Late Weichselian and Holocene earthquake events along the Geleen fault in NE Belgium: OSL age constraints
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Abstract:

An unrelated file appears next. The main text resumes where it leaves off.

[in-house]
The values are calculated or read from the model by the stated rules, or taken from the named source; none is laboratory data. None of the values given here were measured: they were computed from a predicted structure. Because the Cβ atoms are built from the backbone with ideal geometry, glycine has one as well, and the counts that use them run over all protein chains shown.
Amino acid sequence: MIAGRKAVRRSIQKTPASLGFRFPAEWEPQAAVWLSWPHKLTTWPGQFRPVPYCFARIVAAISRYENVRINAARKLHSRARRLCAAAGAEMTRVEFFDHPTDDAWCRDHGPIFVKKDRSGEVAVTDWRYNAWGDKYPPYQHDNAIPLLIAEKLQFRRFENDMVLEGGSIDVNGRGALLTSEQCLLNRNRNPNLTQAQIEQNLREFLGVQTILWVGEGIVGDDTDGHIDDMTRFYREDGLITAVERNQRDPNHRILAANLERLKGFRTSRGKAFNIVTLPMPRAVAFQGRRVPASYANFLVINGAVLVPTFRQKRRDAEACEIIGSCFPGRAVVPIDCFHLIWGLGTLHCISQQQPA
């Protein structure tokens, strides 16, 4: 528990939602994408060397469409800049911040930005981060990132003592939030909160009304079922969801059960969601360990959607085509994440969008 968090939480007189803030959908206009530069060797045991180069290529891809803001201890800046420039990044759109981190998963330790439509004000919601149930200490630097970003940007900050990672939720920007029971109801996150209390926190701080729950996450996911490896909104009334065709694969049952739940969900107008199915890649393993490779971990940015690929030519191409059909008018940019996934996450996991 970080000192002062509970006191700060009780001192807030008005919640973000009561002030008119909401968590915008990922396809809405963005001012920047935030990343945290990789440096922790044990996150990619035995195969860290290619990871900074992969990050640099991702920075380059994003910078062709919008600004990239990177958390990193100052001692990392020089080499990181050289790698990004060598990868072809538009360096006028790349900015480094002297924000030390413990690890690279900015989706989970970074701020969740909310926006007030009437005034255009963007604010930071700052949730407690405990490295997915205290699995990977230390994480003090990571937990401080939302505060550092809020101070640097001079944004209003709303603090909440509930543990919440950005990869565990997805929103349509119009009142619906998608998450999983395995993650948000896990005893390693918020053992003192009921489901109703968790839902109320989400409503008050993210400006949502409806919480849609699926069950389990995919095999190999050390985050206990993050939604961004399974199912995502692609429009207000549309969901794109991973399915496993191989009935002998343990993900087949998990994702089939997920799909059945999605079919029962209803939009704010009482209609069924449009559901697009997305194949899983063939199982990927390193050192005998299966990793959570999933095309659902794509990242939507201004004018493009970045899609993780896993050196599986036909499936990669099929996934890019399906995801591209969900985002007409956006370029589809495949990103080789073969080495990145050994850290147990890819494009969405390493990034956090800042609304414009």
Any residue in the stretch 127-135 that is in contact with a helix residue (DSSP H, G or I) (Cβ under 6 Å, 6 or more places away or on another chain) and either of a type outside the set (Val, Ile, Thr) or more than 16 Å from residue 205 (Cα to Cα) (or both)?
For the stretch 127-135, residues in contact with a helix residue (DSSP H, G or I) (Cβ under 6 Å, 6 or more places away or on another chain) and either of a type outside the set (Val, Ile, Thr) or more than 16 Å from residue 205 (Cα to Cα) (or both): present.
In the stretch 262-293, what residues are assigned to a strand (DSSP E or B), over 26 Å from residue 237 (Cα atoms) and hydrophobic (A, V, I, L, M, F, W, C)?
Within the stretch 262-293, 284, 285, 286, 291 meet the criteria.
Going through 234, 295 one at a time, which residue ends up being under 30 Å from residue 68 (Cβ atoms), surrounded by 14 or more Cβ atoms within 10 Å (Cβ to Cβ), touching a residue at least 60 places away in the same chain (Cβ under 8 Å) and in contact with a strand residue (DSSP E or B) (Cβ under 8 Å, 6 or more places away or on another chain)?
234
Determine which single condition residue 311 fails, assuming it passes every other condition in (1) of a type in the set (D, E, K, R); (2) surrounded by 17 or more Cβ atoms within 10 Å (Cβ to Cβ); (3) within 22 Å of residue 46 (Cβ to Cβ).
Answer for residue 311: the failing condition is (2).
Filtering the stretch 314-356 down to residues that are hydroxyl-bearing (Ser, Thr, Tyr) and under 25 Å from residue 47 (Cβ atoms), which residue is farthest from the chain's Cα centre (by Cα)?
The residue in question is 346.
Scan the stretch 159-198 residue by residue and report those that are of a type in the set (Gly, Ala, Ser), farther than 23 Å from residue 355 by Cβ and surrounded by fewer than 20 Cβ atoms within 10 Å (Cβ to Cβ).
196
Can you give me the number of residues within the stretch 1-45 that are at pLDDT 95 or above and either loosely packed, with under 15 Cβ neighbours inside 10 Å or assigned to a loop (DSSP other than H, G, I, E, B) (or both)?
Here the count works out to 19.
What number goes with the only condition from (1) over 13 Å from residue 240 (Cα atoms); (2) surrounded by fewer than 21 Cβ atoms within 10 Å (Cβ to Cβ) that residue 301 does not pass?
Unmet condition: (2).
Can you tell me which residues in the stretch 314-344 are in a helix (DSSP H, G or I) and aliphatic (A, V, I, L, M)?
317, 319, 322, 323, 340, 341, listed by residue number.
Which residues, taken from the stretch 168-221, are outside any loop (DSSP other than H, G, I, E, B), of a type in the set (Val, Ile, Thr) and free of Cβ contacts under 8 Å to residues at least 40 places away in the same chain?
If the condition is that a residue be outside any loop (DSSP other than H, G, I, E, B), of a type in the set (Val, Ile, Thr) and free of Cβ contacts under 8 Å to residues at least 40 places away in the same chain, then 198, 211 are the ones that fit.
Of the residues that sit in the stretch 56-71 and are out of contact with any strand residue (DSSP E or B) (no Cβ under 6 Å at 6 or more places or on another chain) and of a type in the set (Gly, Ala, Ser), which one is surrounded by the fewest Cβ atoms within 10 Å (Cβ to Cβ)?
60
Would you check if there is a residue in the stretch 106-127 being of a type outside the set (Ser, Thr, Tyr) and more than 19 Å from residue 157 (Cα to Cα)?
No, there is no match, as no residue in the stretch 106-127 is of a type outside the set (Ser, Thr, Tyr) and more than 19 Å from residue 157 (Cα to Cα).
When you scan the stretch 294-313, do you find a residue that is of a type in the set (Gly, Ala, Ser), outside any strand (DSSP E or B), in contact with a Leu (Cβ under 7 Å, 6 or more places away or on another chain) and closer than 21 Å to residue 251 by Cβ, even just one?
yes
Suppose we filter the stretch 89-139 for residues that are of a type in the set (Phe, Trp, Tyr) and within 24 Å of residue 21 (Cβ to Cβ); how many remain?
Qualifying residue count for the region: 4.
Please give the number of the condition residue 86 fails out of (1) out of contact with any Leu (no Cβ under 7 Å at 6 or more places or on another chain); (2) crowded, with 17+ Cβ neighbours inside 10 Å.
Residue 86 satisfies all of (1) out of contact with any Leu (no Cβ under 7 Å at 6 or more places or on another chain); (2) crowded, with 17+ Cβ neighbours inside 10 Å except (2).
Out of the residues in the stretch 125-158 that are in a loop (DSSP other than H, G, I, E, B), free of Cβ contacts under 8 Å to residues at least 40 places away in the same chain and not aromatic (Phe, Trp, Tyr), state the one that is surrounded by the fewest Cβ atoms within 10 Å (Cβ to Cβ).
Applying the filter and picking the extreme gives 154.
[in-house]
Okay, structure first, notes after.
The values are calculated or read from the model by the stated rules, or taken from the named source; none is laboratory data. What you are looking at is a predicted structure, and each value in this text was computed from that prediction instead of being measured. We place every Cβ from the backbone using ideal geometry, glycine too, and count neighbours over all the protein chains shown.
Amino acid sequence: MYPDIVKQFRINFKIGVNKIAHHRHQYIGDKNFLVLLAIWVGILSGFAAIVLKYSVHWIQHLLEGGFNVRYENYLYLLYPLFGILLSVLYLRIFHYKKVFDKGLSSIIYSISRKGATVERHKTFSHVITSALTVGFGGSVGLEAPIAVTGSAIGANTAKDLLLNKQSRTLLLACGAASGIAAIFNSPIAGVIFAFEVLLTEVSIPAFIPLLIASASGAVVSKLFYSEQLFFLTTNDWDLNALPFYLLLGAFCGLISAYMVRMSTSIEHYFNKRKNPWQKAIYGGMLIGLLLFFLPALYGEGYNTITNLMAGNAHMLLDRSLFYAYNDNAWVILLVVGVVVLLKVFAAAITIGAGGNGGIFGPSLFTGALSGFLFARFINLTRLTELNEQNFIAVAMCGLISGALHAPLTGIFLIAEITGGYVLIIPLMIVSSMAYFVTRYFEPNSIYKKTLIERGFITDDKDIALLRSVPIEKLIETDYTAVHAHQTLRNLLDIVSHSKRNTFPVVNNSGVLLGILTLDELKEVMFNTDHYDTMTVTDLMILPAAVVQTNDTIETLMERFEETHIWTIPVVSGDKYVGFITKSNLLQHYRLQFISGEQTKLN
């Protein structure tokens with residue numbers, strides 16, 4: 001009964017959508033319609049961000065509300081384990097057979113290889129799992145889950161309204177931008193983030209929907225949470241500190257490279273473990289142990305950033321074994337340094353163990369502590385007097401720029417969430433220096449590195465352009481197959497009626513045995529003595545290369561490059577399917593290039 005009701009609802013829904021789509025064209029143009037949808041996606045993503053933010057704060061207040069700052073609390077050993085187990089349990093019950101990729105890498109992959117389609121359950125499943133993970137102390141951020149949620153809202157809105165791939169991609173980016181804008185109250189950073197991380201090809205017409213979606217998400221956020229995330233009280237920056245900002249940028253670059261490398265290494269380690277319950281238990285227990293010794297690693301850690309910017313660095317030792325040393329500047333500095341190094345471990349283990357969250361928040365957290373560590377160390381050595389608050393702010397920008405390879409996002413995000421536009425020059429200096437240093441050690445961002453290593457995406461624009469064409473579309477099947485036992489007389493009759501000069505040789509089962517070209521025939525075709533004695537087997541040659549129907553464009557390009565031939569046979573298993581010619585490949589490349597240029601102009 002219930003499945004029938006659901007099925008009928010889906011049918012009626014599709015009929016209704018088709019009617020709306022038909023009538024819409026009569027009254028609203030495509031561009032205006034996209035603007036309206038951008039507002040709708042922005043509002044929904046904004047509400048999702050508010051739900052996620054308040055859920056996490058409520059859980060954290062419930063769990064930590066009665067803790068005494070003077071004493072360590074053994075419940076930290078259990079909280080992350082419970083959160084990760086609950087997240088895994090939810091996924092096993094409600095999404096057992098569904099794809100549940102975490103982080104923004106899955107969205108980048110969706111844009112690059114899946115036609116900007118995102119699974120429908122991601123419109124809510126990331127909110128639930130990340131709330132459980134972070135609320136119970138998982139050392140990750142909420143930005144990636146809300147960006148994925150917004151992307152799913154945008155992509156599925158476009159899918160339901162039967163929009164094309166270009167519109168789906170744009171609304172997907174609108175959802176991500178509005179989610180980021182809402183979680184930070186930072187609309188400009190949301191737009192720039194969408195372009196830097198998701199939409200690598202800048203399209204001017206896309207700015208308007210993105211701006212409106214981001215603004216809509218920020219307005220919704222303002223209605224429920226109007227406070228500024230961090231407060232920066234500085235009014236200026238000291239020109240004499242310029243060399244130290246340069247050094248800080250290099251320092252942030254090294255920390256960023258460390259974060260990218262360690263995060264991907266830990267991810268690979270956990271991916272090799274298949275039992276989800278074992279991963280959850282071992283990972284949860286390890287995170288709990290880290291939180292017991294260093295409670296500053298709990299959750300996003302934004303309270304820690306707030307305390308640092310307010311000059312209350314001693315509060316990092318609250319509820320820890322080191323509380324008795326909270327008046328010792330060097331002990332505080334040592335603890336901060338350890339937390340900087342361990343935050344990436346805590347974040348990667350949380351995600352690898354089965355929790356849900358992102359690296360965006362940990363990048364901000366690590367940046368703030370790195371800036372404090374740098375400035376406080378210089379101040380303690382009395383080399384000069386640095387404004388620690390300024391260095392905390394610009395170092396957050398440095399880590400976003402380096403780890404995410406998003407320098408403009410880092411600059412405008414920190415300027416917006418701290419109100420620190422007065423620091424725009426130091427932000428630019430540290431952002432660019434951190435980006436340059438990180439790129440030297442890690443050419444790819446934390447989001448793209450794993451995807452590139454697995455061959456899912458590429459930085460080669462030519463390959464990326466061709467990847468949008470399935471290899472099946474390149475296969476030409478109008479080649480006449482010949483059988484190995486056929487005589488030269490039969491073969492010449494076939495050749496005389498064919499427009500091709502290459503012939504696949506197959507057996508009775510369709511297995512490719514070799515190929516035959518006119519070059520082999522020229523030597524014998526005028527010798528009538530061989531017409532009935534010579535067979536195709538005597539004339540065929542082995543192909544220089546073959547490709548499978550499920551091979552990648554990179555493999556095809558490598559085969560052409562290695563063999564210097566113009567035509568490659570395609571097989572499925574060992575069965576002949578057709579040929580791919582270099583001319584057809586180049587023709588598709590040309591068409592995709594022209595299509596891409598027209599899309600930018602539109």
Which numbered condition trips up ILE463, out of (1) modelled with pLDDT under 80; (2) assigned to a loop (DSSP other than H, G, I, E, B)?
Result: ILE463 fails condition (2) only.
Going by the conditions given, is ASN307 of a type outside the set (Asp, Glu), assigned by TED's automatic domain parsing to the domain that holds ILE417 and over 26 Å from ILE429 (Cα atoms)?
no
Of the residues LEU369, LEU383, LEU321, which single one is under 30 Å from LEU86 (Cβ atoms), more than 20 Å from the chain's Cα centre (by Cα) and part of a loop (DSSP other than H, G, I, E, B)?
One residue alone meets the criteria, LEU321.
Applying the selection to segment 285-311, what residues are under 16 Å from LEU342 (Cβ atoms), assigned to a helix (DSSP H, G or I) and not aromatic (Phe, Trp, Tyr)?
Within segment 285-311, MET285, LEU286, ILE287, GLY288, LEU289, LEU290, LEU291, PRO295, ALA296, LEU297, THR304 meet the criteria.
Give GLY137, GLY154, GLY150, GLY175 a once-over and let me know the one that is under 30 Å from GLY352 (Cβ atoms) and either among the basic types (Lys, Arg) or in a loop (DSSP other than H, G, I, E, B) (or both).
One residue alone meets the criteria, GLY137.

AbstractIn 2005, a trench was opened for palaeoseismological analysis near the village of Rotem (Maas valley, NE Belgium). The trench exposed the Geleen fault, a branch of the Feldbiss fault zone of the Lower Rhine graben system. The latter is one of the most active tectonic structures in NW Europe north of the Alps. The sedimentary record in the trench mainly consists of a sequence of fluvio-aeolian and aeolian deposits, initially interpreted as Late Weichselian coversands. A gravel pavement interpreted as a regional deflation horizon subdivides the succession into two main parts, and the uppermost sediments are overprinted by soil formation processes. Detailed mapping of the trench walls revealed evidence for two surface-rupturing earthquakes. We report on the application of quartz-based single-aliquot optical dating to establish a chronological framework for the sediments and to constrain the timing of the two palaeoearthquakes.The optical ages constrain the age of the most recent surface-rupturing event between 2.5±0.3 and 3.1±0.3 ka, a time interval which is independently supported by 14C ages. The penultimate large earthquake occurred just before the formation of the gravel pavement. The age of this pavement, and thus of the second palaeoearthquake, is bracketed between 15.9±1.1 and 18.2±1.3 ka. The optical ages allow correlating the sedimentary succession observed at Rotem with the coversand stratigraphy as established in the southern Netherlands. The age of the pebbly deflation horizon indicates that it formed synchronously with the Beuningen Gravel Bed, while the immediately under- and overlying sediments are correlated with the top of the Older Coversand I and the base of the Older Coversand II units, respectively.The upper part of the coversands on the upthrown side of the fault are dated at ∼6 ka, which is interpreted as an age underestimation owing to bioturbation. The sediments which were originally interpreted as their stratigraphic equivalent on the downthrown side are reliably dated at 6.9±0.7 ka. However, the grain size characteristics of this deposit differ from those of coversands and rather resemble those of overlying colluvium. The origin of this deposit remains enigmatic. It might testify to either an as yet unknown Holocene phase of colluviation, or a third palaeoearthquake for which no evidence was found in the field.

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